0
$\begingroup$

Question Description

I’m facing a problem asking me to construct a (deterministic) Turing Machine that can accept such a language:

$L = \{ w \in \{a,b\}^* \mid \mbox{for any non-empty prefix $w'$ of $w$}, n_a(w') > n_b(w')\}$

The problem isn’t expressed in English originally. To make sure I’m translating correctly, I’ll provide some example:

$a \in L$, $ab \notin L$, $aab \in L$, $aabb \notin L$, $aabab \in L$, $aababb \notin L$

What I’ve done so far

We have an existing Turing machine which can accept a string that contains same number of ‘a’ and ‘b’ (I.e. $n_a(w) = n_b(w)$). I think it might be possible to modify this one to solve my problem, so I wrote this:

# pip install automata-lib
from automata.tm.dtm import DTM

machine = DTM(
    states={'q0', 'q1', 'q2', 'q3'},
    input_symbols={'a', 'b'},
    tape_symbols={'a', 'b', 'x', 'y', '.'},
    transitions={
        'q0': {
            'a': ('q1', 'x', 'R'),
            'y': ('q0', 'y', 'R')
        },
        'q1': {
            'a': ('q1', 'a', 'R'),
            'b': ('q2', 'y', 'L'),
            'y': ('q1', 'y', 'R'),
            '.': ('q3', '.', 'L'),
        },
        'q2': {
            'a': ('q2', 'a', 'L'),
            'x': ('q0', 'x', 'R'),
            'y': ('q2', 'y', 'L'),
        }
    },
    initial_state='q0',
    blank_symbol='.',
    final_states={'q3'}
)

I’m providing this python code because it’s easy to run and test. Those transitions can be explained as: $\delta(q_0, a) = (q_1,x,R)$ and so on.

This DTM can accept any string that begin with ‘a’ and have more ‘a’ than ‘b’. However, it doesn’t meet the condition “any prefix”. I’m stuck right here, can somebody give me a hint?

$\endgroup$
2
  • $\begingroup$ The description of a Turing machine that solves your problem using two tapes is quite simple. Would you be happy with that? Of course you can always design a single-tape TM either by reducing two tapes to one using standard techniques or by an ad-hoc solution, but this would be more tedious $\endgroup$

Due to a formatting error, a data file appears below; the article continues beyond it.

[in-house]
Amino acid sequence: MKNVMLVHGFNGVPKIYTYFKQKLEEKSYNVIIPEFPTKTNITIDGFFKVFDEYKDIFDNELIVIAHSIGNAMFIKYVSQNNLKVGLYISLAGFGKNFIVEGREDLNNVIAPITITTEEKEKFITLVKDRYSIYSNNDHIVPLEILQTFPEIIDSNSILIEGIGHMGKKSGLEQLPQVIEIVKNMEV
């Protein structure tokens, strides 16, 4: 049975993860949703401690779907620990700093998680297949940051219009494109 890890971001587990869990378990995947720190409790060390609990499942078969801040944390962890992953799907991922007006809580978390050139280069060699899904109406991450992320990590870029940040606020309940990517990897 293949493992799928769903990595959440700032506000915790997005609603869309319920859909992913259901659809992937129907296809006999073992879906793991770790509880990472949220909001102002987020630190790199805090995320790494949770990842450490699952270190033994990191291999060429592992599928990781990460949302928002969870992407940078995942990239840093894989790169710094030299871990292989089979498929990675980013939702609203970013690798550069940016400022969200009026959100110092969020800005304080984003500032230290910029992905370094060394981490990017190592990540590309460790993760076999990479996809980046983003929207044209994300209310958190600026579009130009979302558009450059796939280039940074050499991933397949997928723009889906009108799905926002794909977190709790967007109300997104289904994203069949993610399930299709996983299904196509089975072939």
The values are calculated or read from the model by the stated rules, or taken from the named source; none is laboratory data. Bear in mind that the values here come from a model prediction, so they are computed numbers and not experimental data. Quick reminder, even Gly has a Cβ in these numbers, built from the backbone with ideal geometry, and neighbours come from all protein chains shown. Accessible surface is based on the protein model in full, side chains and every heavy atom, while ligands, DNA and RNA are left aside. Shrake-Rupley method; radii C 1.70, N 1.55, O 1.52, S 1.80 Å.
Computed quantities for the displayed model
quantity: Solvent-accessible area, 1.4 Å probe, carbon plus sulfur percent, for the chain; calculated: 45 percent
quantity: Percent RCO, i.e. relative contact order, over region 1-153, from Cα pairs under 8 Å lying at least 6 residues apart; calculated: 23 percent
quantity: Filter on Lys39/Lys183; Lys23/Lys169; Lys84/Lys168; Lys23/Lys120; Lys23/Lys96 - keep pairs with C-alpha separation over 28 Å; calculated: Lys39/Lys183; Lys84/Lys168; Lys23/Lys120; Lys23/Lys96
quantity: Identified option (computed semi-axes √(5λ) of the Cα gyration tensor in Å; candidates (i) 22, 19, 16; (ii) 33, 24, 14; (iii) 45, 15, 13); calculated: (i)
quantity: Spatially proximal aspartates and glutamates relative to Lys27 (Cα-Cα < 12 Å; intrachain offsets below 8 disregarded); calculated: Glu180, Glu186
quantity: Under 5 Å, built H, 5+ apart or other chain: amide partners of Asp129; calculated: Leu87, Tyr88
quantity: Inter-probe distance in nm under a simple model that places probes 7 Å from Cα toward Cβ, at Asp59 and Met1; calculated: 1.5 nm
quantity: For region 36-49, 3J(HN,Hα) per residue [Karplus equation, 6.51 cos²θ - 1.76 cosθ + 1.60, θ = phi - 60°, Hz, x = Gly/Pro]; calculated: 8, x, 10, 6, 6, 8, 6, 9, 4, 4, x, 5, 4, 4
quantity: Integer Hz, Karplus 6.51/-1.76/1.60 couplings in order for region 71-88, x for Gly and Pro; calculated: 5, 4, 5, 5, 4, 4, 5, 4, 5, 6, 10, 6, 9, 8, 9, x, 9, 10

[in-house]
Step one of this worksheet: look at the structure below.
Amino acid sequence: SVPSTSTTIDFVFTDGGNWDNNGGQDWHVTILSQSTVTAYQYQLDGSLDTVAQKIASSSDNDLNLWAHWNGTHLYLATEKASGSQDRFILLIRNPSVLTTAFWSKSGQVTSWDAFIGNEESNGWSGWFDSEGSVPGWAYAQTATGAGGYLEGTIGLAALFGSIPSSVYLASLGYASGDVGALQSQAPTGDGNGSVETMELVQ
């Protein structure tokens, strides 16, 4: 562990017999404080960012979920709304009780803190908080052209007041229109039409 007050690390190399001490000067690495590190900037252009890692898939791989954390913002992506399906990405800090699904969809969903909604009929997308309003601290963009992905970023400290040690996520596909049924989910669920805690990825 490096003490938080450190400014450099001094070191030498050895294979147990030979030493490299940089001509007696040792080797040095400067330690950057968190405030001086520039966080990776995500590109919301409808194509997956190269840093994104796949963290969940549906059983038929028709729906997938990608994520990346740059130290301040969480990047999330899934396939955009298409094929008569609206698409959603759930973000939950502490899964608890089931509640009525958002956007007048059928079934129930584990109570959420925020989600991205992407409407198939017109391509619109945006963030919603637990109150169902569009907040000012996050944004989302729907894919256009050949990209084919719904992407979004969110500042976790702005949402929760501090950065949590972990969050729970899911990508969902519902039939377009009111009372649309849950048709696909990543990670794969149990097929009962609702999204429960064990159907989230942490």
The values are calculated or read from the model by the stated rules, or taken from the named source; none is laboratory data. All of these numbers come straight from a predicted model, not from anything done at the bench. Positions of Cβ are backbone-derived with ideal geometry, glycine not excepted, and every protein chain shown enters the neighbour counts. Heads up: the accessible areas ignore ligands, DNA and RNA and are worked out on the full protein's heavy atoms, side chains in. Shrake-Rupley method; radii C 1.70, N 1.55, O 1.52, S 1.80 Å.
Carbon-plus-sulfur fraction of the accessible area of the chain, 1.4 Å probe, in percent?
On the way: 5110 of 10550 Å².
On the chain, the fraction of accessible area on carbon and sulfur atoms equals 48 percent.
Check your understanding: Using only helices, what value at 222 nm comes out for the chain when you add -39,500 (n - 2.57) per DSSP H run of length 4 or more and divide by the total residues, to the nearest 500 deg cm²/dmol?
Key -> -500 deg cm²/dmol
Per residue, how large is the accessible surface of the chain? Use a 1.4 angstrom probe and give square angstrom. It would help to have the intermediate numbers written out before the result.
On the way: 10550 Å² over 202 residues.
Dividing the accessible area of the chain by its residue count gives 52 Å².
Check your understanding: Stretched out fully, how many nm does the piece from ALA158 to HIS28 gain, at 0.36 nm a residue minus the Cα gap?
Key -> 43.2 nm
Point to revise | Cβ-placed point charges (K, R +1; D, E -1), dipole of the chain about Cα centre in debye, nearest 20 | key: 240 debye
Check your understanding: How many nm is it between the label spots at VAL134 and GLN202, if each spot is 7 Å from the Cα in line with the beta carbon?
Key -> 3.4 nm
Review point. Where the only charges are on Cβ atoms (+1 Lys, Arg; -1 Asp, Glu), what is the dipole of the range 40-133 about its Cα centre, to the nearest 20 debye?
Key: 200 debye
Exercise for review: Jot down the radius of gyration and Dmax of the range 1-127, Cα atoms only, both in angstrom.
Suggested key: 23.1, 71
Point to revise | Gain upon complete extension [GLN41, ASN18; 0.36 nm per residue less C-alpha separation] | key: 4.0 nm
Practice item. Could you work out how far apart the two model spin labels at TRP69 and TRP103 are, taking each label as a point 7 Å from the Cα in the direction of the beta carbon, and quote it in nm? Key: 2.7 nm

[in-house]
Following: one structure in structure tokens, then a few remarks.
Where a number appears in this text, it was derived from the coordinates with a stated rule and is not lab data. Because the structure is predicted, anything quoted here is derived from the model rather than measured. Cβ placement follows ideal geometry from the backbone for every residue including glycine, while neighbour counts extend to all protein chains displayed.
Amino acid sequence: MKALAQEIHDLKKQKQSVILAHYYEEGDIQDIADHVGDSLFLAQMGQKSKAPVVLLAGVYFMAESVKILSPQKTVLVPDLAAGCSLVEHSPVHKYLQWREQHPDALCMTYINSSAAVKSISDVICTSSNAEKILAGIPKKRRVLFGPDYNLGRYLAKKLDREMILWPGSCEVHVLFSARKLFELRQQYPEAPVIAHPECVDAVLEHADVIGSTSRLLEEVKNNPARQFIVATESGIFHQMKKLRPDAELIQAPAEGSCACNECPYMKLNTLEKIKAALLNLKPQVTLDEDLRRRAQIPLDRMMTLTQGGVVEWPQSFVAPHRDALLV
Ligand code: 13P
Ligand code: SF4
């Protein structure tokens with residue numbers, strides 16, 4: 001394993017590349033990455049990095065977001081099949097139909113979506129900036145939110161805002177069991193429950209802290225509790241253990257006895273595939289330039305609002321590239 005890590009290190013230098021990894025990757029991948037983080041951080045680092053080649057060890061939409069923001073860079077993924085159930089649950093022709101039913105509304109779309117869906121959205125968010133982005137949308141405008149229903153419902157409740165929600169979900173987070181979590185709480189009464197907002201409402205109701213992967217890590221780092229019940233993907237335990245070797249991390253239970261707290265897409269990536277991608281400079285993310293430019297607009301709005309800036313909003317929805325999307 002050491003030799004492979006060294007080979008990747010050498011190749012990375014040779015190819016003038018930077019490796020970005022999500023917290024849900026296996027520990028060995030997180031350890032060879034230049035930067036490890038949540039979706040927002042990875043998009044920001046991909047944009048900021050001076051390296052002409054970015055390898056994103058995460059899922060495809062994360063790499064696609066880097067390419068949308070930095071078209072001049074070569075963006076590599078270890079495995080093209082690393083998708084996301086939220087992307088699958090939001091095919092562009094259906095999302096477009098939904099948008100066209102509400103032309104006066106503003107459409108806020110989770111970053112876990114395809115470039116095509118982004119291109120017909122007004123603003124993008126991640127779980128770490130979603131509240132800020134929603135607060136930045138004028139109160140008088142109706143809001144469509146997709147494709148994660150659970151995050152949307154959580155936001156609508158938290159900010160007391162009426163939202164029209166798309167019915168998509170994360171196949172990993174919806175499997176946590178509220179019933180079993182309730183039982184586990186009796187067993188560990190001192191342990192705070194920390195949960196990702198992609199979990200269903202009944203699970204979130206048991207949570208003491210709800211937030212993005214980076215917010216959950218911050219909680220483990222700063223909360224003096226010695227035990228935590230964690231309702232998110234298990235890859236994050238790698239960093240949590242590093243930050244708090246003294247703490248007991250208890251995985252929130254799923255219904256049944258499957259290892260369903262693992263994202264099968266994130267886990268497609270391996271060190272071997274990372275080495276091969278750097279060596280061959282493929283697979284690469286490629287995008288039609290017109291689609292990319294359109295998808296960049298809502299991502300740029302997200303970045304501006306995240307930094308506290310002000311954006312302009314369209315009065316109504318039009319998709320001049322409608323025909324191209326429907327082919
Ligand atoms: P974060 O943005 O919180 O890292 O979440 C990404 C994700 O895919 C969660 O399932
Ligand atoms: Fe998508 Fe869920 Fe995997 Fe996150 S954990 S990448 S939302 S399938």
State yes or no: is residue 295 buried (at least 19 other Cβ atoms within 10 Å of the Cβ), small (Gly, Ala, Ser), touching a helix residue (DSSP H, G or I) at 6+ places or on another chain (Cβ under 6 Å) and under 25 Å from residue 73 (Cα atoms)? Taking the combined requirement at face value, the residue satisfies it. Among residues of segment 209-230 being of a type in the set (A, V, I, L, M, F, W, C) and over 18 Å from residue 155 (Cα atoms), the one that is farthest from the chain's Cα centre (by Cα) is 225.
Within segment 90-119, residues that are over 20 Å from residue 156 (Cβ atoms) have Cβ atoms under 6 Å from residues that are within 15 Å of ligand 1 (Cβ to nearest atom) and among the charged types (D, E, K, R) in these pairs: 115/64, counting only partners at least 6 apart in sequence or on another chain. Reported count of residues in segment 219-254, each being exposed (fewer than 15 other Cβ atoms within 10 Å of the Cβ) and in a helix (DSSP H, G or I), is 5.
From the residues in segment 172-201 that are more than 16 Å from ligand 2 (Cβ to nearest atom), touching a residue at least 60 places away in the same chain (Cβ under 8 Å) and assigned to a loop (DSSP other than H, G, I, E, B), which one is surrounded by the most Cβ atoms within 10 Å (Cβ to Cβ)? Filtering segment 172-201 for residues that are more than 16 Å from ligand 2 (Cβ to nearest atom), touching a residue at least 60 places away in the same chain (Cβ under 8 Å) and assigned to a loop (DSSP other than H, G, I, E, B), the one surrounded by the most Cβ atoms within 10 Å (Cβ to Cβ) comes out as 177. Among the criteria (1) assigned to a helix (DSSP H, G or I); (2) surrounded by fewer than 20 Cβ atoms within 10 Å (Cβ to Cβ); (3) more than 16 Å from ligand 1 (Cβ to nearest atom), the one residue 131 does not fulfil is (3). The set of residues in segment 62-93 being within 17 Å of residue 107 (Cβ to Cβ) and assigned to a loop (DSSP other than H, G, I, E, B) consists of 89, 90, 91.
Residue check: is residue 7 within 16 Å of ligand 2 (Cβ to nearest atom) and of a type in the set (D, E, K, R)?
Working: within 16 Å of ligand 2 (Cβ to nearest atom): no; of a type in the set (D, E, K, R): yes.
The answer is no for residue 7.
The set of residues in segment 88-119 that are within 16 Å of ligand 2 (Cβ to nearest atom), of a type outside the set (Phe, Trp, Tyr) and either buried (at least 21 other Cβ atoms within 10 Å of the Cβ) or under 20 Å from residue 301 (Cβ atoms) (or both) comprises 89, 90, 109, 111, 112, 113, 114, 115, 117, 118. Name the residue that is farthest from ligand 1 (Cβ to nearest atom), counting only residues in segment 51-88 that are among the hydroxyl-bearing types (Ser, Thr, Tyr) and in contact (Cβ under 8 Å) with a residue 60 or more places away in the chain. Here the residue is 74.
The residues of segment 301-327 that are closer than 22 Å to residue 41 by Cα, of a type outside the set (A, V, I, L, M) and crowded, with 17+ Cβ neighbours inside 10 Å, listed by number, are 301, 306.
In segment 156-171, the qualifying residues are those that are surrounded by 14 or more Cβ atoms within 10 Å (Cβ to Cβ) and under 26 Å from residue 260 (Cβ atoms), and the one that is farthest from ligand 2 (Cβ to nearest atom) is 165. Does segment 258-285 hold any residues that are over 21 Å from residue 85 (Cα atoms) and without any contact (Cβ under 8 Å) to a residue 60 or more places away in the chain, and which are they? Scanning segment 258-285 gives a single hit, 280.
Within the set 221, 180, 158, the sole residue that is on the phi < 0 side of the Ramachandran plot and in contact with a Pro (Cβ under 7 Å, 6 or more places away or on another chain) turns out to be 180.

– Steven
    Commented Nov 4, 2022 at 15:53
  • $\begingroup$ @Steven A two tape machine would be fine! I can modify it by myself. $\endgroup$
    – Morphlng
    Commented Nov 5, 2022 at 8:11

1 Answer 1

0
$\begingroup$

You can build a two-tape Turing machine quite easily. The first tape will contain the input string, while the second tape will act as a counter.

The machine will work in at most $|w|$ phases, indexed from $1$. In the generic $i$-th phase it will check that $n_a(w_i) > n_b(w_i)$, where $w$ is the prefix of the input containing the first $i$ symbols.

During this process, the second tape will contain only $c$s (the specific symbol is not important, I'm using $c$ for the sake of readability) and its head will be placed on the last $c$ (if any). We will preserve the following invariant: at the end of the $i$-th phase, the number of $c$s on the second tape will be exactly $n_a(w_i) - n_b(w_i)$. As soon as this quantity becomes $0$ (i.e., the tape becomes empty), the machine rejects. If $|w|$ phases are completed (i.e., the whole input has been processed) and the second tape is not empty, the machine accepts.

The machine works as follows:

  1. If the current (i.e., first) symbol on the first tape is not $a$, reject.
  2. If the current symbol on the first tape is blank, accept.
  3. If the current symbol on the first tape is $a$:
    • Move the second head to the right.
    • Write $c$ on the second tape.
  4. If the current symbol on the first tape is $b$:
    • Write a blank on the second tape.
    • Move the second head to the left.
  5. If the current symbol on the second tape is blank, reject.
  6. Move the first head to the right and repeat from step 2.
$\endgroup$
3
  • $\begingroup$ Hi,@Steven! I have a question about how the two-taped machine works. In step 3, you described as “move first, then write”, but in step 4 the machine “write first, then move”. I’m not sure if that can be different? In our textbook, it is always “write first, then move”. If it can be different, how to rewrite in transition form? (Simply $\delta(q_0,a,.) = (q_0,a,R,c,R)$?) $\endgroup$
    – Morphlng
    Commented Nov 11, 2022 at 6:02
  • $\begingroup$ A single transition writes and them moves. But you can always simulate "move then write" with multiple transitions. Suppose you are in state $q_0$ reading $x$ and want to move left, write $y$, and transition to state $q_1$. You can do the following: 1) write $X$ (so that the current symbol is unchanged), move left, transition to an intermediate state $q'_1$, 2) when you are in state $q'_1$ reading an arbitrary symbol $z$, you write $y$, keep the head in place, and transition to $q_1$. $\endgroup$
    – Steven
    Commented Nov 11, 2022 at 10:05
  • $\begingroup$ The transitions for a one-tape Turing machine would be: $\delta(q_0, x) = (q'_1, x, L)$ and $\delta(q'_1, z) = (q_1, y, S)$ (where $L$ stands for "left" and $S$ stands for "stay") for all $z$. For a two-tape Turing machine that is in state $q_0$, reading $x_1$ and $x_2$, and wants to "write-then-move" in order to write $y$ on the preceding tape cell of the second tape, while leaving the first tape unchanged: $\delta(q_0, (x_1, x_2)) = (q'_1, (x_1, x_2), (S, L))$ and $\delta(q'_1, (z_1, z_2)) = (q_1, (z_1, y), (S, S))$ for all $(z_1, z_2)$. $\endgroup$
    – Steven
    Commented Nov 11, 2022 at 10:13

Your Answer

By clicking “Post Your Answer”, you agree to our terms of service and acknowledge you have read our privacy policy.

Not the answer you're looking for? Browse other questions tagged or ask your own question.